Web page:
A concept hotel – the "Cube" - could revolutionise the way skiers spend their winter holidays. One thing is certain; it has nothing in common with a Swiss chalet.
Ski passes, video games, and access to the world's biggest living room are included in the price at Switzerland's first Cube, in the southeastern resort of Savognin.
Beds start at SFr59 ($45) a night, and guests are obliged to buy a ski pass on top of that at a discounted rate. The all-inclusive concept and location beside the ski lift are two reasons why bookings have been brisk at the Cube since it opened in December.
The others are the trendy modular design, innovative room features, informal restaurant and lounge lending it a community feel, as well as a nightclub and free video games.
Fully booked through much of its initial three months, the Cube with nearly 300 beds has met a need for hotels in a medium-sized resort like Savognin dominated by under-used holiday flats and chalets.
Hotel guests spend considerably more money than people staying in apartments, and are more likely to ski each day than those in flats, and flat owners are under no obligation to let out their properties when empty.
That is a key reason why the Savognin ski lift company initiated the move to bring the Austrian franchise to Switzerland.
"The only other option would have been to put on hold all plans to upgrade our infrastructure, or to downsize," lift director, Leo Jeker, told swissinfo during a visit to the Cube.
"We chose instead to go on the offensive and create 'warm' beds, hiring them out to tour operators to generate a demand.
"We have to take a page from the cruise ship industry and offer all-inclusive packages. Everything has to be linked – in the village and on the mountain. The customer doesn't care what belongs to whom."
Linked to the hotel is a sports shop where guests can hire top of the line ski equipment, snowboards and novelty gear such as snow bikes, and sign-up for instruction.
While all-inclusive ski packages are becoming more common in Switzerland, it is the community-in-a-hotel aspect that sets the Cube apart.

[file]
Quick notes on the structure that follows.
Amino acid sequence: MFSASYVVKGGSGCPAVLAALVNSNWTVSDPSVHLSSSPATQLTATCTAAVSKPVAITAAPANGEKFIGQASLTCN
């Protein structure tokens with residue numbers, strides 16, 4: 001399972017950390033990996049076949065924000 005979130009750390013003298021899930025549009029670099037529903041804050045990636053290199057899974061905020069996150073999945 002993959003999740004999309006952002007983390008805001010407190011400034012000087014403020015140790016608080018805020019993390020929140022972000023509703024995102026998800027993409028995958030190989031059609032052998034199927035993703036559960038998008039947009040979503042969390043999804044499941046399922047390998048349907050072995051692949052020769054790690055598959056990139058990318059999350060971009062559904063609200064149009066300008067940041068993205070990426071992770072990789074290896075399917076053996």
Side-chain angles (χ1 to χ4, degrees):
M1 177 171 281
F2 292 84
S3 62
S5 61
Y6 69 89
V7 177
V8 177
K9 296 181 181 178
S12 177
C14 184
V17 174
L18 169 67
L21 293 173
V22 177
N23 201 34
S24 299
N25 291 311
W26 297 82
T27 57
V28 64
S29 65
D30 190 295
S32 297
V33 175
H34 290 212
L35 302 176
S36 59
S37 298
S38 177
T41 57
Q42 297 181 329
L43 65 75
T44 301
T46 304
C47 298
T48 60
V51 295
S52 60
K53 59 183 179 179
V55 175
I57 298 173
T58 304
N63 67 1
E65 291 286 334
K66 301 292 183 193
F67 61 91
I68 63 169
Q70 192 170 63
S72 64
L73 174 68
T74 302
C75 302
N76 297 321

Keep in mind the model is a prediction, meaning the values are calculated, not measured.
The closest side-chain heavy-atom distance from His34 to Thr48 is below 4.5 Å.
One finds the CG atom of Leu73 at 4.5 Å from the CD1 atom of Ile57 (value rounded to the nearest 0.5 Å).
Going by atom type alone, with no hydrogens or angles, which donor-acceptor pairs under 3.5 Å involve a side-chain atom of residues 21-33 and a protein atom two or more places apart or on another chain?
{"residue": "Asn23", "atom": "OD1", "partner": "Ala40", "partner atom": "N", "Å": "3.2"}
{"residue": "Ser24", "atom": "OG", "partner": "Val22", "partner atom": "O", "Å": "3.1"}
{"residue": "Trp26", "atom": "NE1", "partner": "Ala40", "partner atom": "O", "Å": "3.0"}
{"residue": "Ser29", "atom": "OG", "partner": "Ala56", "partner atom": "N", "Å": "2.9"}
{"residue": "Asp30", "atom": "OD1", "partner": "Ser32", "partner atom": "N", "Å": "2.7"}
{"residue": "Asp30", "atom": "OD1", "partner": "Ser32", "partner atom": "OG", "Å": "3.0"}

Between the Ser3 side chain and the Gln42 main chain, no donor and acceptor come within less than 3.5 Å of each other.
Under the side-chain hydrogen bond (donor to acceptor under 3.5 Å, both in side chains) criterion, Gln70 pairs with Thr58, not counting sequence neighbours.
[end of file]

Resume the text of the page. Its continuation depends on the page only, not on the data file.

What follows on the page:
The ground floor from the reception to the kitchen is a spacious lounge, and in the short time the hotel has been open, has attracted many holidaymakers staying elsewhere in the village, turning it into an ersatz piazza for Savognin.
Toddlers bounce from cushiony seat cube to seat cube, older children gravitate to the Play Stations and parents sip coffee macchiato, watching skiers ascending and descending concrete ramps encircling the atrium.
The ramps, or "gateways", lead to two or four person rooms on the three upper levels, each fronted by a large, heated "showroom", where skis and wet gear (or mountain bikes in summer!) are stored behind a glass wall to dry on special clips, hooks and racks.
The sleeping area is hidden in the space behind where décor and furnishings have been reduced to a minimum; beds, a walk-in shower and separate toilet.
Clothes are stashed in wooden boxes placed under the beds, and mobile phones and laptops can be charged while out of sight in lockable drawers, each with its own electrical socket.
There are comfortable sofas outside the rooms for guests seeking a place to read or chat away from the crowded lounge.
"First-timers are usually speechless when they enter their showroom," says hotel director, Claudia Schneider. "We were targeting the 18 to 30 crowd but the average guest is much older than we expected," she adds.
"Middle-aged people feel much more youthful today than people in that age bracket did 30 years ago," Jeker says, explaining the hotel's broad appeal.
"We have teenage kids, so it's great for them," says a 42-year-old woman watching her daughter struggling to grasp the tiny foot and hand holds on the climbing wall.
"We like to relax over a drink in the lounge. We are young parents with grown children, so it's ideal."
swissinfo, Dale Bechtel in Savognin
One of the most divisive issues in Swiss alpine resorts is the imbalance between hotels and private chalets or flats, in favour of the latter.
Speculators have been able to take advantage of high prices and lax zoning by-laws in many mountain regions to build chalets and flats or convert hotels into private apartments.
Hotel beds, using the industry term, are "warm" since hotels usually have good occupancy rates in the high summer and winter seasons, and therefore help generate business for local shops and ski lift companies.
In contrast, chalets and flats are often used for only a few weeks of the year by their owners who are under no obligation to let them out. Hence, their beds are considered "cold".
Savognin is a medium-sized mountain resort in canton Graubünden.
It has 80km of ski runs and pioneered high-speed ski lifts and snow making infrastructure in the 1960s and 1970s.
Savognin's Cube hotel is the second worldwide. The first opened in the Austrian resort of Nassfeld two years ago.
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